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endocytosed host RBC cytoplasm consist almost entirely of haemoglobin and can be digested in the food vacuole (Hoppe et al., 2004). The findings of this study showed that control group (untreated malaria positive subjects) had a non-significant (p>0.05) decrease in haemoglobin concentration after 3 days of monitoring (Figure 1 and Table 5). The decrease in haemoglobin concentration is consistent with the report by Hoppe et al., (2004). The non-significant decrease in haemoglobin concentration of this group is attributable to the uncompleted state of the malaria parasite infections during the study. Of the three groups administered different antimalarial drugs, only the group treated with artemesin-based combination therapy (Artemether-lumenfantrine) showed an increase in haemoglobin concentration after 3 days of treatment. The increase in haemoglobin concentration of the group treated with Artemether-lumenfantrine is consistent with the reports of Hoppe et al., (2004) and Pandey et al., (1999) and attributable to the endoperoxide activity of artemesin-based combination therapy which has been reported to inhibit haemoglobin degradation in malaria parasite infected RBC. The decrease in haemoglobin concentration observed in the groups treated with sulphadoxine-pyremethamine and halofantrine is attributable to their inability to inhibit endocytosis of host RBC cytoplasm. The non-significant nature of the drop in haemoglobin level among those groups treated sulpha/pyrem and halofantrine is possibly due to the significant (p<0.05) reduction in parasitemia after the 3 days of treatment. The higher percentage (1.57%) drop in haemoglobin level in the group treated with sulphadoxine-pyremethamine as compared with the group treated with halofantrine (0.65%) drop in haemoglobin level, could be attributed to the lower rate (52%) of parasite clearance by the sulpha/pyrem as compared with that observed in the group treated with halofantrine (76%) (Table 1). Also, these two drugs may have possibly stimulated endocytosis of the host RBC by the parasites leading to decrease in host haemoglobin. Hoppe et al., (2004) carried out an in vitro study with chloroquine and observed that the drugs increased endocytosis of host RBC by malaria parasites with reduction of host haemoglobin concentration. Therefore our finding in this present study with respect to halofantine and sulphadoxine-pyremethamine agrees with the report of the above study. The above inference is because the more parasite present in host RBC, the more endocytosis of host RBC cytoplasm and consequent degradation of host haemoglobin (Pandey et al., 1999). Some antimalarial drugs including artemesin based combination drugs have been reported to lower blood glucose level (Ewenighi et al., 2013; Olayemi et al, 2012). The enzyme, glucose IV phosphate dehydrogenase is known to play a key role in glucose metabolism and protects red blood cells from oxidative injury of drugs and other oxidants (Ewenighi et al., 2013; Abdoulaye et al, 2010). Our findings in this present study showed a significant (p<0.05) increase in G6PD activity in the groups treated sulphadoxine-pyremethamine combination therapy but no significant (p>0.05) increase in the control group and groups treated with ART/lume combination and Halofantrine monotherapies, before and after treatment (Figure 2; Tables 2, 3, 4 and 5). The findings indicate that sulphadoxine-pyremethamine combination therapy have haemolytic adverse effects on the patients with G6PD sufficient individuals and could cause anaemia in such peoples if not well managed like in G6PD deficient individuals as reported by Shah et al., (2006). The haemolytic effects of sulphadoxine-pyremethamine could cause oxidative stress in the host and is attributable to the significant (p<0.05) increase in G6PD activity observed in the group treated with the drug. The increase in G6PD activity is possibly to protect the red cells against such oxidative injury as G6PD is known to plays key roles in protecting host RBC (Abdoulaye et al., 2010). The lack of significant difference in G6PD activity in the groups treated with ART/lume and halofantrine agrees with the reports of Ewenighi et al., (2013) that ACT and amodaquine monotherapy have no adverse haemolytic effects on patients. 5 Conclusions The findings of this study indicated that antimalarial drugs as well as malaria parasite possess the potential to reduce haemoglobin concentration and increase in G6PD activity which is significant with sulphadoxine-pyrimetamine. All the drugs used significantly (p<0.05) cleared malaria parasites after 3 days of treatment, with halofantrine being the most effective. We therefore recommend that further studies on these drugs be extended to 28 days or minimum of 14 days. References Abdoulaye, K.K., Issaka Sagara, Mahamadou, A. T., Alassane Dicko, Aldiouma Guindo, Seidina Diakite, Joseph Kurantsin-Mills, Abdoulaye Djimde, Asikiya Walcourt & Ogabara Doumbo (2010), “falciparum clearance with artemisinin-based combination therapy (ACT) in patients with glucose-6-phosphate dehydrogenase deficiency in Mali”, Malaria Journal, 9: 332. Dondorp, A.M., Nosten, F., Yi, P., Das, D., Phyo, A.P, Tarning, J., Lwin, K.M., Ariey, F., Hanpithakpong. W., Lee, S.J., Ringwald, P., Silamut, K., Imwong, M., Chotivanich, K., Lim, P., Herdman, T. & An, S.S. (2009), “Artemisinin resistance in Plasmodium falciparum malaria”, N Engl J Med, 361, 455-467. 147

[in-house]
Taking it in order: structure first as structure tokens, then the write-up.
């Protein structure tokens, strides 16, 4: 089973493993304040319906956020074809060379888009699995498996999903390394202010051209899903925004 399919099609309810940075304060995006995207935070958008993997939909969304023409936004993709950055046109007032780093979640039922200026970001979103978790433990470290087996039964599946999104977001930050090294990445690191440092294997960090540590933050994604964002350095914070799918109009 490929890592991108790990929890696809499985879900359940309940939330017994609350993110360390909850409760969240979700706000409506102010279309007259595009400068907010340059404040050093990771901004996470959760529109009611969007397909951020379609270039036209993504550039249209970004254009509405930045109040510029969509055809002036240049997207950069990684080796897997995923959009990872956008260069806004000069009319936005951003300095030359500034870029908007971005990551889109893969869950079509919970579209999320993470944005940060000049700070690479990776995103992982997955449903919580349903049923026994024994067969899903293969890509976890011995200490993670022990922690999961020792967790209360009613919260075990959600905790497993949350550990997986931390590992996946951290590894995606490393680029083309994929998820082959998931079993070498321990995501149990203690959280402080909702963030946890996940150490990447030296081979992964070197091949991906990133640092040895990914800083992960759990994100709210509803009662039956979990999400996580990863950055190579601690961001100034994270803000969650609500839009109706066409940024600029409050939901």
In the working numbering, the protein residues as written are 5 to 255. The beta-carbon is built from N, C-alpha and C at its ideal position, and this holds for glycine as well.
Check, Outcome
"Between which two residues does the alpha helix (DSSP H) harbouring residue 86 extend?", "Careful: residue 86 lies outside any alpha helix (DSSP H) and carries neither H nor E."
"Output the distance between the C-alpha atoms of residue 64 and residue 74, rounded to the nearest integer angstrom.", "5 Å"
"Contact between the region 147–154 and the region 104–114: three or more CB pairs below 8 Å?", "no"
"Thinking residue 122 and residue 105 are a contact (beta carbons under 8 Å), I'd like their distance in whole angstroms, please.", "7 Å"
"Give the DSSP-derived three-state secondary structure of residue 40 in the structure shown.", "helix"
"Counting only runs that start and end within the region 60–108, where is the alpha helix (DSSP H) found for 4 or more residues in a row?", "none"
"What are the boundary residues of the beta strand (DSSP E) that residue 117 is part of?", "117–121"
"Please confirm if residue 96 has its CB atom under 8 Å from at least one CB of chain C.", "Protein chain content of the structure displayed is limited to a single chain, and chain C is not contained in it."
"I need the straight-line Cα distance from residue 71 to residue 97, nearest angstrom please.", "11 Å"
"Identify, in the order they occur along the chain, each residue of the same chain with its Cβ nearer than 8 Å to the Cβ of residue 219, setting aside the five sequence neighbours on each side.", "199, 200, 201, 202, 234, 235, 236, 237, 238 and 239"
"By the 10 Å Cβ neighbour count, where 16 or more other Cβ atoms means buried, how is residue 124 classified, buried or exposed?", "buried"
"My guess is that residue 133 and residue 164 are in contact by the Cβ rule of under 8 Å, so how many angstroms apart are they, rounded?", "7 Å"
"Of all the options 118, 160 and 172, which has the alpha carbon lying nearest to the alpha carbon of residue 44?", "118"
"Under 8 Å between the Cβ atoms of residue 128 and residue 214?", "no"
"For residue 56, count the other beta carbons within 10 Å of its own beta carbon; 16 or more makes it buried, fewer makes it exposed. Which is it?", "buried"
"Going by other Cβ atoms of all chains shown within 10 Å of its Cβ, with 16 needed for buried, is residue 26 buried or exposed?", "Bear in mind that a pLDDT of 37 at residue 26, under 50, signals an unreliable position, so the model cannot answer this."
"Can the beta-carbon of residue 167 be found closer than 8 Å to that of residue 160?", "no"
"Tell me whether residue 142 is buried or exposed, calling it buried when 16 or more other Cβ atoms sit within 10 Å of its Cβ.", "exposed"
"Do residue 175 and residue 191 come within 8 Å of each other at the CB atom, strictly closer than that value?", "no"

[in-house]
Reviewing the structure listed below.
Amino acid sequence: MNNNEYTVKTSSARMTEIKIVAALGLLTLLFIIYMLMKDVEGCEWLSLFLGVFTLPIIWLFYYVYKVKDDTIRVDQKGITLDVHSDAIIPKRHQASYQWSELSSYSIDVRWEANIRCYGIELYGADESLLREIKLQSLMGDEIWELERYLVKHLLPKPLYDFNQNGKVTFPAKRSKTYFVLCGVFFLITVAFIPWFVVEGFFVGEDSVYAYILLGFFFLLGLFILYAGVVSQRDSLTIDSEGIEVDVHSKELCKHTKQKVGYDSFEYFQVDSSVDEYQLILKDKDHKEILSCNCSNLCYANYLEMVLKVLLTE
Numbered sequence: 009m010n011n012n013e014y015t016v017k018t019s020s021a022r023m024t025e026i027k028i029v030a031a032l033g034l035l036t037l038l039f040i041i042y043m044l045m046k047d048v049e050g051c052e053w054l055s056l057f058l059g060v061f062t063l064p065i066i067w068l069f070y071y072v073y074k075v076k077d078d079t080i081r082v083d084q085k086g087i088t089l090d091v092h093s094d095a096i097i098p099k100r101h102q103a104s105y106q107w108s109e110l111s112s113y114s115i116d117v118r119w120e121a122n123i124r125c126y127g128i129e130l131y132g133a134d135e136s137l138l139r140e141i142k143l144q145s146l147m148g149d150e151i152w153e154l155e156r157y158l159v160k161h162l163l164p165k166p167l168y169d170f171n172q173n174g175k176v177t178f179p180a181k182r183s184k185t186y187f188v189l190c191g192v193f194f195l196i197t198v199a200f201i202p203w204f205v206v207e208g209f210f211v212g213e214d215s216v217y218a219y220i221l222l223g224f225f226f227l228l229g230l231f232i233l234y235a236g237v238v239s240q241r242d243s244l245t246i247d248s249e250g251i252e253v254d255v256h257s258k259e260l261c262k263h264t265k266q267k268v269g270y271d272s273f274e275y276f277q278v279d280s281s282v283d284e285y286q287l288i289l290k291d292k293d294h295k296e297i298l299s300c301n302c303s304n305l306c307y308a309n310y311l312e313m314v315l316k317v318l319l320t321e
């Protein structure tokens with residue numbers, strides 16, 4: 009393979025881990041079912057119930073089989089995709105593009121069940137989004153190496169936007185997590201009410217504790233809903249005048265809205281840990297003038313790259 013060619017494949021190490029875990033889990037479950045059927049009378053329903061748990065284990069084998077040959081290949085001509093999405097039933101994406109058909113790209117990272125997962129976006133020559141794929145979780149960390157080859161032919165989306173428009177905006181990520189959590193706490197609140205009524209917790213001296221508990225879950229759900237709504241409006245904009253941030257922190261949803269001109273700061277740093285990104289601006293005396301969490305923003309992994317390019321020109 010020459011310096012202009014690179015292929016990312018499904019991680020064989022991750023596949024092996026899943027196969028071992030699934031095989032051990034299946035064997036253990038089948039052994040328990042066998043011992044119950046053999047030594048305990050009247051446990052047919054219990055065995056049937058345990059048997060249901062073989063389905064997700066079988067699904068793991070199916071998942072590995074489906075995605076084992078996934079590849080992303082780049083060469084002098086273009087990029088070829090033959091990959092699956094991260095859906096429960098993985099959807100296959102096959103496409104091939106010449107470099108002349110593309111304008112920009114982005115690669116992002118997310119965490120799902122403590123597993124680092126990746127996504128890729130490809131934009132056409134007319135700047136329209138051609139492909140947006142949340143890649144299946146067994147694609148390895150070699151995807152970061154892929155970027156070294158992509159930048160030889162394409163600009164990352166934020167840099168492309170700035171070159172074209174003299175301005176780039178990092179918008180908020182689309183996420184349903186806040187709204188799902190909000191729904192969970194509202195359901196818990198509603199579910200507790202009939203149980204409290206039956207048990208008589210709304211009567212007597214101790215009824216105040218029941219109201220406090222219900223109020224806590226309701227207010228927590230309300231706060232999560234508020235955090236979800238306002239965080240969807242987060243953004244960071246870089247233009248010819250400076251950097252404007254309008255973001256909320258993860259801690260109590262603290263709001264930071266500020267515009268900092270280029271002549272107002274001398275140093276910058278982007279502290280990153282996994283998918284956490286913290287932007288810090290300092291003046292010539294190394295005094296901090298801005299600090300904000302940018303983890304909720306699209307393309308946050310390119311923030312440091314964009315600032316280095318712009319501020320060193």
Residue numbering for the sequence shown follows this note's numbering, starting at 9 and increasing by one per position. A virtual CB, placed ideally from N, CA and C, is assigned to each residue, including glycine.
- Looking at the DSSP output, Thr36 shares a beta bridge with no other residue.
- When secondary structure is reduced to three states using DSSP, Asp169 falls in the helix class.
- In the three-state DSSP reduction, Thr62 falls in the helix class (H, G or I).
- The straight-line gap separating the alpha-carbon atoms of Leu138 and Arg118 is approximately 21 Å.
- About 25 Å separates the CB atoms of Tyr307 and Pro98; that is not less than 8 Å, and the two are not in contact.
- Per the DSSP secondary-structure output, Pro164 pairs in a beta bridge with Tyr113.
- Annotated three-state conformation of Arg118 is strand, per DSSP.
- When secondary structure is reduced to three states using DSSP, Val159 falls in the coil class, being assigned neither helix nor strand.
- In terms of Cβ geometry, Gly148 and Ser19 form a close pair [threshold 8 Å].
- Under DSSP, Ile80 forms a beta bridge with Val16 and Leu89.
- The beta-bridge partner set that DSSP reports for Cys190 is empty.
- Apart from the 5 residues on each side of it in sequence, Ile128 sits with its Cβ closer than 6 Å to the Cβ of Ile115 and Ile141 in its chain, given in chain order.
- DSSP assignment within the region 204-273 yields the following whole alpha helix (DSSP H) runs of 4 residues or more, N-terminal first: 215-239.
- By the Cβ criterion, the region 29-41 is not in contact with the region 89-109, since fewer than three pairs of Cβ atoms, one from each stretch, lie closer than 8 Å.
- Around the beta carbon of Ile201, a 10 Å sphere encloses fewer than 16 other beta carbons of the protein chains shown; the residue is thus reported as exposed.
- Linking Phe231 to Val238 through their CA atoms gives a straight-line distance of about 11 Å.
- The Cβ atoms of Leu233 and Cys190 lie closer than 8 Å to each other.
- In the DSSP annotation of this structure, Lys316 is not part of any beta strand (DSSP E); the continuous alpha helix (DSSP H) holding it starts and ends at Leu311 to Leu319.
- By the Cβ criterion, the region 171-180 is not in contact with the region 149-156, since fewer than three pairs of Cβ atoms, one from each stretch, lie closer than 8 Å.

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Douglas, N.M., Anstey, N.M., Angus, B.J., Nosten, F. & Price, R.N. (2010), “Artemisinin combination therapy for vivax malaria”, Lancet Infect Dis, 10, 405-416. Ewenighi CO, Ukwah BN, Dimkpa U, Onyeanusi JC, Onoh LUM, Ezeugwu U, Onoh GO., Ibeagi OO, Eze CO, Uzo S (2013). Comparative Evaluation of the Effects of Artemisinin-based Combination Therapy and Amodiaquine Monotherapy in G6PD Activity, Fasting Glucose Level and Parasite Clearance Rate in Malaria-infected Adults in Abakaliki, Nigeria. Journal of Biology, Agriculture and Healthcare, 3(5): 39 – 44. Glaxosmithekline (2006). halfan (halofantrine hydrochloride). Hoppe, H.C., Van Schalkwyk, D. A., Wiehart, U. I. M., Meredith, S. A., Egan, J. and Weber, B. W. (2004). Antimalarial Quinolines and Artemisinin Inhibit Endocytosis in Plasmodium falciparum. Antimicrobial Agents and Chemotherapy, 48 (7): 2370–2378. Korenrop, E., Armstrong, S., Williams B, Snow R, Nahlem B, (2004). Impact of Malaria Control on Childhood Anaemia in Africa. Quantitative review. Tropical medicine and international Health journal, 50:1050 - 1065 MediLexicon International Ltd (2013). Coartem (artemether/lumefantrine). Bexhill-on-Sea. Uk. http://www.medilexicon.com/drugs/coartem.php. Meremikwu, M.M., Friday Odey, Chioma Oringanje, Angela Oyo-ita, Emmanuel Effa, Ekpereonne B. Esu, Eyam Eyam, Olabisi Oduwole, Vivian Asiegbu, Ambrose Alaribe & Emmanuel N. Ezedinachi (2012), “Open-label trial of three dosage regimens of fixed-dose combination of artemisinin and naphthoquine for treating uncomplicated falciparum malaria in calabar, Nigeria”, Malaria Journal, 11, 413. Ochei J and KolHatkar. (2008). Complete blood count: In Medical Laboratory Science Theory and Practice. 7th Edition Tata McGrawHill, pp 273 –277. Olurishe, T.O., Maiha, B.B., Olurishe, C.O. & Abdullahi (2007), “Short term pre-intervention evaluation of artemisinin combination therapy usage in a tertiary health facility in northern Nigeria”, Nigerian journal of pharmaceutical sciences, 6(2), 93 – 98. Pandey, A. V., Tekwani, B. L., Singh, R. L. and Chauhan, V. S. (1999). Artemisinin, An Endoperoxide Antimalarial, Disrupts the Hemoglobin Catabolism and Heme Detoxification Systems in Malarial Parasite. Journal of biological chemistry, 274 (27): 19383–19388. Phyo, A.P., Nkhoma, S., Stepniewska, K., Ashley, E.A., Nair, S., McGready, R., Ler Moo, C., Al-Saai, S., Dondorp, A.M., Lwin, K.M., Singhasivanon, P., Day, N.P., White, N.J., Anderson, T.J. & Nosten, F. (2012), “Emergence of artemisinin-resistant malaria on the Western border of Thailand: a longitudinal study”, Lancet, 379, 1960-1966. Roll Back Malaria Partnership Secretariat (2010), World Malaria Day. Africa Update http://www.rollbackmalaria.org/ProgressImpactSeries/docs/wmd2010report-en.pdf. [Date accessed: March 4, 2013] Shah, S.N., Smith, E.E., Obonyo, C.O., Kain, K.C., Bloland, P.B., Slutsker, L. and Hamel, M.J. (2006). HIV Immunosuppression and Antimalarial Efficacy: Sulfadoxine-Pyrimethamine for the Treatment of Uncomplicated Malaria in HIV-Infected Adults in Siaya, Kenya. Journal of Infectious Diseases, 194 (11): 1519-1528. Truste Certified Privacy (2013). halfan (halofantrine hydrochloride). http://www.drugs.com/mmx/halofantrine-hydrochloride.html World Health Organization (1996). Assessment of therapeutic efficacy of antimalarial drugs for uncomplicated falciparum malaria in areas with intense transmission. WHO/MAU96.1077 World Health Organization (2010). Basic Malaria Microscopy, Part 1; Learners Guide; 2nd Edition. Pp 1- 77. World Health Organization (2011), “World Malaria Report”, http://www.who.int/malaria/world_malaria_report_2011/9789241564403_eng.pdf website [Date accessed: March 4, 2013]